It is reported that about one-third of people with psychiatric disorders experience substance abuse and that about one-half of substance abuse clients have the diagnostic criteria for a psychiatric disorder. The most common mental health issues for substance abusing clients are anxiety and mood disorders, especially depression.
As we look at the neuropsychology of depression, recent research (Neuropsychology of Depression, edited by McClintoch & Choi 2022) shows that executive function and memory can be affected by depression including limiting the entry of information into working memory, particularly that which is irrelevant and negative. Core executive functions are impaired in depression, specifically when emotions (negative vs positive or neutral) are presented as stimuli or as a specific functional reaction to an occurrence.
Joormann & Vanderlind (2014) define emotional regulation as the strategic and automatic processes that influence the occurrence, magnitude, and expression of emotional responses. In individual with depression or remitted depression, research has shown an increased tendency to use maladaptive emotion regulation strategies including cognitive distortions or the use of alcohol and drugs. There is also a tendency for people with depression to respond to negative life events and/or negative mood states with ruminating thinking. These people tend to ruminate on negative information and have difficulty distracting themselves from negative thoughts. The combination of these two things plays a role in maintaining depressed moods.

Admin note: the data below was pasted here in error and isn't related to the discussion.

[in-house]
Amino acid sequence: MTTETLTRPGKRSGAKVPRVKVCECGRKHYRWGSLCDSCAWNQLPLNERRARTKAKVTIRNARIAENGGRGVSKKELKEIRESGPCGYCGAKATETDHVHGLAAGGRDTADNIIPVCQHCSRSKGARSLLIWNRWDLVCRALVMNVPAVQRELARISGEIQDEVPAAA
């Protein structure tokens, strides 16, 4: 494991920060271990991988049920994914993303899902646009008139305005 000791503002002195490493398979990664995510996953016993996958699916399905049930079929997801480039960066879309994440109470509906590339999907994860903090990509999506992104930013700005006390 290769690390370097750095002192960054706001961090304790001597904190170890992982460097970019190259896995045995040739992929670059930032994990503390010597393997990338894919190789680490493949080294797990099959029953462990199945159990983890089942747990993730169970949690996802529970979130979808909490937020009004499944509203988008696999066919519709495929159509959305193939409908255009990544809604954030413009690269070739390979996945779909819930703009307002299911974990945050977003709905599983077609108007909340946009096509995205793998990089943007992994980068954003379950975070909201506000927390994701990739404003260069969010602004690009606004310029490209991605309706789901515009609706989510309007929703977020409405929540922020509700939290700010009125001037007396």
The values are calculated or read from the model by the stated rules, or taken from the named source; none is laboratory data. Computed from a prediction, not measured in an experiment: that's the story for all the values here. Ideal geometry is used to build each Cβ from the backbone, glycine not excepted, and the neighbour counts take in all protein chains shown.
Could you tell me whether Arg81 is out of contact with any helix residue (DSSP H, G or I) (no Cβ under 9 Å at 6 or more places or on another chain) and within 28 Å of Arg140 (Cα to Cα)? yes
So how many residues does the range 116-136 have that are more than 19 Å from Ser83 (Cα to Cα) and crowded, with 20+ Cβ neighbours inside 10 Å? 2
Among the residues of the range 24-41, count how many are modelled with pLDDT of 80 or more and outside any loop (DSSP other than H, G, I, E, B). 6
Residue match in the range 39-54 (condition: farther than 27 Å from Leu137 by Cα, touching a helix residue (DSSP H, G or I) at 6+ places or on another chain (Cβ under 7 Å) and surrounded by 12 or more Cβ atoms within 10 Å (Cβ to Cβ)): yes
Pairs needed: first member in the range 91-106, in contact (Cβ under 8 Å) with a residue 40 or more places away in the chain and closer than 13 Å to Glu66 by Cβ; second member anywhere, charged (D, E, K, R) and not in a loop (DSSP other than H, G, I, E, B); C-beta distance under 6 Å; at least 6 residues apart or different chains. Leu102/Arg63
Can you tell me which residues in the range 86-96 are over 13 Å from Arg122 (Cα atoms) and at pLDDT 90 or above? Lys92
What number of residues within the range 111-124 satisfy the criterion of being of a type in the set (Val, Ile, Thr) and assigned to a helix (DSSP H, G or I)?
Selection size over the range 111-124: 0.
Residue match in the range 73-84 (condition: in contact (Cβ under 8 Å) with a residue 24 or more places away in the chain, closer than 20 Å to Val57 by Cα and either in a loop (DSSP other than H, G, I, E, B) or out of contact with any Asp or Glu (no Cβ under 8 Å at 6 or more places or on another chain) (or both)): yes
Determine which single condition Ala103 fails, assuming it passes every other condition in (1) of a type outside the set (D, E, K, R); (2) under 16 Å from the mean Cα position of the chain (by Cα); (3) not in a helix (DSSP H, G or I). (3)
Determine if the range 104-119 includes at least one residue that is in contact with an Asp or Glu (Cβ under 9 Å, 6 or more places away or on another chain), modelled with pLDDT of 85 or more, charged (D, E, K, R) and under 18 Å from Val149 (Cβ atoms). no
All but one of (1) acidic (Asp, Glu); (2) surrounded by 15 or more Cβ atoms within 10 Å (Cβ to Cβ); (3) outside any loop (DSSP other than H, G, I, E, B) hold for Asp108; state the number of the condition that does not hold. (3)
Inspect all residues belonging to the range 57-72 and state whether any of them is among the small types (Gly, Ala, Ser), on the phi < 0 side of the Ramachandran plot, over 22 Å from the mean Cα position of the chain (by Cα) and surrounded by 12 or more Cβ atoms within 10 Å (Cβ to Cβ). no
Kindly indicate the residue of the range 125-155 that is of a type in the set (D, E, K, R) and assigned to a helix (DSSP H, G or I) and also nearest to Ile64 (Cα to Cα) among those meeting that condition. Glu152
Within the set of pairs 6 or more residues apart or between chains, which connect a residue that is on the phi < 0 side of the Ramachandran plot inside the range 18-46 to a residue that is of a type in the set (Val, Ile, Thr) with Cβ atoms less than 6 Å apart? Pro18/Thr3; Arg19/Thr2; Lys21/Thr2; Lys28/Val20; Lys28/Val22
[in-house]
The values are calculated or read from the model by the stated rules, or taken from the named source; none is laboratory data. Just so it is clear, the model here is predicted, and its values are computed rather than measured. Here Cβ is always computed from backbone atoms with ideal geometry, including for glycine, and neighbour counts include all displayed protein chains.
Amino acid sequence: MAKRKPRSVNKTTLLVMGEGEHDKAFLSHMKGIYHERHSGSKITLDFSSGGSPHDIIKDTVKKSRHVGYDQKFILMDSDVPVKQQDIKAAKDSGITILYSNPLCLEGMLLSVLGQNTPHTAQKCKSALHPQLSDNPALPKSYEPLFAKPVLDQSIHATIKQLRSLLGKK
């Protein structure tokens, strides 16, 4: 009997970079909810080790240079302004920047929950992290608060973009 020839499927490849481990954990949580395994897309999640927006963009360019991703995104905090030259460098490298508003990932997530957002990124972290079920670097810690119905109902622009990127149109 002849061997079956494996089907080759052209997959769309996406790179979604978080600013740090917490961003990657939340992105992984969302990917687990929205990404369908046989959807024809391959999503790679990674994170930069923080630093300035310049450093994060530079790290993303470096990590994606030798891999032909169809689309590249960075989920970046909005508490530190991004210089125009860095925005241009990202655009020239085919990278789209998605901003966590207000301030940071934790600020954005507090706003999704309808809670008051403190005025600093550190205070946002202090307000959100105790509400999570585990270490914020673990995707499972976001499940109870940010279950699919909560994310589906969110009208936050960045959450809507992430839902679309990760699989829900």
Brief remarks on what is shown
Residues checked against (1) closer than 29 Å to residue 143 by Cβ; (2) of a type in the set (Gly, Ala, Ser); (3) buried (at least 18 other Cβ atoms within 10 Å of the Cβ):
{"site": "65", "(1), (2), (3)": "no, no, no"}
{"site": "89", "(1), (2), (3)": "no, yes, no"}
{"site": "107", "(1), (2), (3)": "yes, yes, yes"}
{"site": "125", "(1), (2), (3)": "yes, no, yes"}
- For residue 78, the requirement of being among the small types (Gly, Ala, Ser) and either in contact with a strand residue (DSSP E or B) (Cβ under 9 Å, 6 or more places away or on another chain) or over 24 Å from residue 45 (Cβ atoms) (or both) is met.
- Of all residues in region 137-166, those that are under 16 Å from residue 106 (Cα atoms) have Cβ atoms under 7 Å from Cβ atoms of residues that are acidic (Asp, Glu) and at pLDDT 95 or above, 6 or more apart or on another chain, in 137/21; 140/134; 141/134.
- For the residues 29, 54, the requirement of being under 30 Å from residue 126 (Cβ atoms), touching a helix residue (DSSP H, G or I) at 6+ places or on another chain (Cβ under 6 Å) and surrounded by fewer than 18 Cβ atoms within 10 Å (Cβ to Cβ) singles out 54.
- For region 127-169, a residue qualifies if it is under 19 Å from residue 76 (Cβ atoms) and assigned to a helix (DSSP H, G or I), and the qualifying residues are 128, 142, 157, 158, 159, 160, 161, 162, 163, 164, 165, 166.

Analysis of ruminating thinking and core executive functioning suggest that through rumination, depressed people have too much irrelevant information making its way into working memory and may face difficulty switching between mental states, negatively affecting their ability to complete necessary tasks or goals. They note that strategies to regulate emotional states depends on working memory and executive function.
The relationship between emotional regulation, rumination, executive functioning and working memory are affected by depression. This is furtherly impacted by one’s use of alcohol and or drugs as a coping mechanism or to regulate emotion or emotional responses. In Substance abuse and mental health treatment, it is imperative to recognize these issues and incorporate this knowledge into how we treat depression, substance use disorders, and co-occurring disorders.
At Desert Star, we are aware of these reciprocal relationships. That knowledge and insight is incorporated in our treatment approaches in all of our programs.
Oasis Program: a treatment program designed specifically for the treatment of substance use disorders.
Mental Health Matters: a treatment program designed especially for the treatment of depression, anxiety, bipolar disorder, PTSD, and other mental health disorders.
Sojourners Program: a treatment program designed for young adults between the ages of 18 – 25 with co-occurring mental disorders.
Joormann, J., & Vanderlind, W. M. (2014). Emotion Regulation in Depression: The Role of Biased Cognition and Reduced Cognitive Control. Clinical Psychological Science, 2(4), 402–421. https://doi.org/10.1177/2167702614536163
McClintock, Shawn M., and Jimmy Choi, editors. Neuropsychology of Depression. The Guilford Press, 2022.